This means that all data you hold about people will have to meet this new standard or be deleted. BUT don’t panic! With a few straightforward steps you will be able to meet this new standard.

What’s it all about?

If you hold data about a person they have the right to know what data you have, access the data, rectify incorrect data, delete all data about themselves, restrict your use of their data, obtain and reuse data and refuse consent to use their data.

The key principles are that data should be:

  1. Accurate and kept up to date
  2. Kept for no longer than is necessary for the purpose it was collected
  3. Processed in a way that ensures appropriate security

The Data Controller (i.e. your museum) is responsible for ensuring that these requirements are met. In order to demonstrate that you are meeting the requirements of GDPR you must:

  1. Implement appropriate measures to ensure you comply with legislation
  2. Keep a record of how you’ve processed data
  3. If appropriate, appoint a person responsible for ensuring compliance (only appropriate for larger organisation)

There are different legal conditions that allow organisations to hold and process personal data but the main two that apply to museums are consent and legitimate interest.

Consent

Consent means that the person has explicitly agreed to you holding their data and using it for specific purposes. Consent has to be used to emails, text messages, mobile phone calls, house phone calls if the person is listed on the Telephone Preference Service and for processing sensitive personal data (see glossary).

Consent must be:

  1. freely given (you can’t offer incentives or force someone)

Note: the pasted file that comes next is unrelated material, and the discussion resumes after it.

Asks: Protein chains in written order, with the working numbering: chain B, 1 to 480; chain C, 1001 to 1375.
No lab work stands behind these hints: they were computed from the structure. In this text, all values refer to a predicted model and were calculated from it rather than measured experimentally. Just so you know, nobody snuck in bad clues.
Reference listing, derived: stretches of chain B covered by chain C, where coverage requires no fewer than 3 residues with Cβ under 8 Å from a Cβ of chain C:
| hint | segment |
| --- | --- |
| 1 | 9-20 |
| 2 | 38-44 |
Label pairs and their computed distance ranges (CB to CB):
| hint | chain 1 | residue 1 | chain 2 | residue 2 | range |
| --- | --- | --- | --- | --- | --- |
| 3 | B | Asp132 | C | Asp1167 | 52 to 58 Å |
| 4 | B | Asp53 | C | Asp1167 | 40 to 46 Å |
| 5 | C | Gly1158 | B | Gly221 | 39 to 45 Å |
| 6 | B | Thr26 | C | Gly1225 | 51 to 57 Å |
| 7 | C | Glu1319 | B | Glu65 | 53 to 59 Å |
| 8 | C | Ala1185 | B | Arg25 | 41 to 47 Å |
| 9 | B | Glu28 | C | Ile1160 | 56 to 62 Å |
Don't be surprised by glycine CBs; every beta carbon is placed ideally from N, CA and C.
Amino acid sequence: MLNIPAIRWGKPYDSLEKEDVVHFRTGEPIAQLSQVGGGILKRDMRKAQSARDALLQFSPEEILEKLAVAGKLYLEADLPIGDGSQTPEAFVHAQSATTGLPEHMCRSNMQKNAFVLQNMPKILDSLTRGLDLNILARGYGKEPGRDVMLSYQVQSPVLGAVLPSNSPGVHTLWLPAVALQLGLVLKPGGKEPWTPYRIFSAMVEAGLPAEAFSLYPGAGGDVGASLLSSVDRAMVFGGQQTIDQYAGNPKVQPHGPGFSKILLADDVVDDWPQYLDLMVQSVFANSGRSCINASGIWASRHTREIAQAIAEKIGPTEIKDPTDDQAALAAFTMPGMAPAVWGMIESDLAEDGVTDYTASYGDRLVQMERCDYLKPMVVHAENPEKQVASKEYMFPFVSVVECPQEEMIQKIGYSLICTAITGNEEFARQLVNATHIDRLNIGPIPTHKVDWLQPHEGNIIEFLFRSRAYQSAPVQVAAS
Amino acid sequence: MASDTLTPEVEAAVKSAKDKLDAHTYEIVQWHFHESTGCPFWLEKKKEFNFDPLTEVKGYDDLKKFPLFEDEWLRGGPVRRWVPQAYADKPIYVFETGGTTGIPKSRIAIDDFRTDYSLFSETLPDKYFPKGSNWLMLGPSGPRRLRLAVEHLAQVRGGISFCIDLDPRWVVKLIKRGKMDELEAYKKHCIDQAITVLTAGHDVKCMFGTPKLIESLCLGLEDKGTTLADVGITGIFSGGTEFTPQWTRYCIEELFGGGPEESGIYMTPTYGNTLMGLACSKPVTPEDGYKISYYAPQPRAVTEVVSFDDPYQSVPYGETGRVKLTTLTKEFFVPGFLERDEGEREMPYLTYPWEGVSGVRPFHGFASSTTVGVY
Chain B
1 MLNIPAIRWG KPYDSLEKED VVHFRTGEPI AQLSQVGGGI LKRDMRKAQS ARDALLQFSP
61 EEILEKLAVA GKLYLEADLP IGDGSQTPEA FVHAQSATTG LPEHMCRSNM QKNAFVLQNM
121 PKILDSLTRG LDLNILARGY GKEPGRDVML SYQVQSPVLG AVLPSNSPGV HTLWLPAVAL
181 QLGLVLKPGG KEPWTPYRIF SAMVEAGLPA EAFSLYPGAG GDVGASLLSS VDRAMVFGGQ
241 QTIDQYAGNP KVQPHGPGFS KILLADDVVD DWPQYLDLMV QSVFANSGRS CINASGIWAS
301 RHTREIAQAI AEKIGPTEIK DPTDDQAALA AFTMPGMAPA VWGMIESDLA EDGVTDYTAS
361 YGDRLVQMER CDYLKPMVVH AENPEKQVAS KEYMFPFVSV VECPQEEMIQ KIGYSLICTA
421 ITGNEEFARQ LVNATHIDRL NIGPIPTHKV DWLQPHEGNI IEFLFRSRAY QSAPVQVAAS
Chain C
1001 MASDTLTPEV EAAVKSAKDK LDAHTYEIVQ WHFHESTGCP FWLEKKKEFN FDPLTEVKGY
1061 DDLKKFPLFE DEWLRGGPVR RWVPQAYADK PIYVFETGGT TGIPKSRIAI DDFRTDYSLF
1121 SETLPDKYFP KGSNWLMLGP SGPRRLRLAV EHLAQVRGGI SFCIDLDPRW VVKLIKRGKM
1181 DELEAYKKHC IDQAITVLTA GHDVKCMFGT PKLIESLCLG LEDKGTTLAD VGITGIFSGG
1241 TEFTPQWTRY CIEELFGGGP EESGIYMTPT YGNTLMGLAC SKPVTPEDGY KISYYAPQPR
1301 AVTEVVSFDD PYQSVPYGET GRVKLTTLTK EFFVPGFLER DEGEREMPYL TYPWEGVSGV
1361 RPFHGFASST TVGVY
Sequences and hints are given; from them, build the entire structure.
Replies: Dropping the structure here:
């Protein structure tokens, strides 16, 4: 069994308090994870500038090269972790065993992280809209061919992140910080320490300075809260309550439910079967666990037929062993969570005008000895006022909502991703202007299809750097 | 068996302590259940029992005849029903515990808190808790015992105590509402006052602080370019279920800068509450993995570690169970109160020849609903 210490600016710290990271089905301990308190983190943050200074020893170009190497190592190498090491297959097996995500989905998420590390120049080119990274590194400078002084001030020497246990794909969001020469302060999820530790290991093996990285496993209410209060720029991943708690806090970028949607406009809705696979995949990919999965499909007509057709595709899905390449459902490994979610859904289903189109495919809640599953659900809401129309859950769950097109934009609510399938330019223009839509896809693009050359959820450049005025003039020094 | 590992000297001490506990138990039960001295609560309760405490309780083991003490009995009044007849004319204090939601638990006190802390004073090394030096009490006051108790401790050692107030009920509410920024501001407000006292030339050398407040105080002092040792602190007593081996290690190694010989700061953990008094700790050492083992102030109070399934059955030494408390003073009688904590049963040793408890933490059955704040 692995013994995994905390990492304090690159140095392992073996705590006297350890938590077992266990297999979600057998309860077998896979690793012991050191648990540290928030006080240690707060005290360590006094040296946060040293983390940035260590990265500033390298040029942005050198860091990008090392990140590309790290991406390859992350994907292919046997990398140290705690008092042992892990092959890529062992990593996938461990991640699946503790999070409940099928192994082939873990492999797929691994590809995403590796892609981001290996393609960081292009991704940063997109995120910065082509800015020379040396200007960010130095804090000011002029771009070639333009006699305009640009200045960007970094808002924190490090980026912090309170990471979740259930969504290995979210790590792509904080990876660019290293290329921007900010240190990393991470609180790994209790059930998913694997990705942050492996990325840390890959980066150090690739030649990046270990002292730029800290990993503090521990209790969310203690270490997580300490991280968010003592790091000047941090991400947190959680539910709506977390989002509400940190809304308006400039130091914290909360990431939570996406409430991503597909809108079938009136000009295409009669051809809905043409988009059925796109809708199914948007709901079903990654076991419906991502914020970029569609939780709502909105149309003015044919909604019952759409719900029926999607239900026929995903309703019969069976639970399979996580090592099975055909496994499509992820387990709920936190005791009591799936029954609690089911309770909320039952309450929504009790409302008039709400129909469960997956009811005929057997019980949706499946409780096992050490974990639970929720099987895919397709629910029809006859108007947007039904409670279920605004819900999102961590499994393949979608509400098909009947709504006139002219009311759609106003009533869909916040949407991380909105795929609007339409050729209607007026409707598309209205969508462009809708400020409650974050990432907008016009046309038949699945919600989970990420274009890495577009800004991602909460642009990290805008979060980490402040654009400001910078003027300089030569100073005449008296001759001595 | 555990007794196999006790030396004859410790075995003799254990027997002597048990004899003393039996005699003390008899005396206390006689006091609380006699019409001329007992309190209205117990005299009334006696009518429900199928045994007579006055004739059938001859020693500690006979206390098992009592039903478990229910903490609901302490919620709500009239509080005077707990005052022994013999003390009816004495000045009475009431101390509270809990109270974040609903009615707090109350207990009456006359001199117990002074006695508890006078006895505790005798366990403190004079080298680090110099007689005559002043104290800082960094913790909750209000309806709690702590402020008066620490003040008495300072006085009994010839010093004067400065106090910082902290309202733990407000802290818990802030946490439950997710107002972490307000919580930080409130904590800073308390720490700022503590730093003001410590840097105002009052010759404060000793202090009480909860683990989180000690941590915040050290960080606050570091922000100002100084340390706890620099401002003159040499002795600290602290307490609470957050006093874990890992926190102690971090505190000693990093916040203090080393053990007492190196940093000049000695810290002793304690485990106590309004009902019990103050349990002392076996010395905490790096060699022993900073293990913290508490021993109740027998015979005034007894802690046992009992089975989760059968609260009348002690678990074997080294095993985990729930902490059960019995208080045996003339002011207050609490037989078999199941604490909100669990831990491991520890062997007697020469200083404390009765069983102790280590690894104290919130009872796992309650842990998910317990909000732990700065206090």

2. specific to how you plan to use their data
  3. informed
  4. unambiguous
  5. clear, affirmative action (i.e. you can’t use ‘opt out’ options)
  6. demonstrable (you must be able to prove that the person gave their consent if asked)

Consent doesn’t necessarily last for forever and should be refreshed at appropriate intervals. The GDPR doesn’t give an exact time frame, but every 24 months is recommended. Consent expires when the purpose for which you collected the data ends. For example if you hold someone’s details because they’re a volunteer, when they stop volunteering you must delete the data, unless you request permission to keep the data for another reason.

Example consent form:Example consent

(From ‘A practical guide to lawful fundraising for arts and cultural organisations’, June 2017, by BWB and ACE. Click here to access the full document.)

Data you have previously collected must meet this new standard. If it does not, you can ask for consent or you must delete this data. There is no such thing as implied consent.

Legitimate Interest

Please note that any local authority or university museums cannot use Legitimate Interest as a reason for holding personal data. This is explicitly banned in the GDPR.

Organisations that are not managed by a local authority or university can use Legitimate Interest to justify handling data without consent when the data processing is ‘necessary’ for the legitimate interest of the data controller (i.e. the museum). Your organisation has a necessary legitimate interest when using the data achieves an organisational objective (this is vague and will probably be tested in court).

Before you use Legitimate Interest you must ask yourself:

  1. Why this activity is important?
  2. Is processing the data is the only way of achieving your ‘necessary’ objective?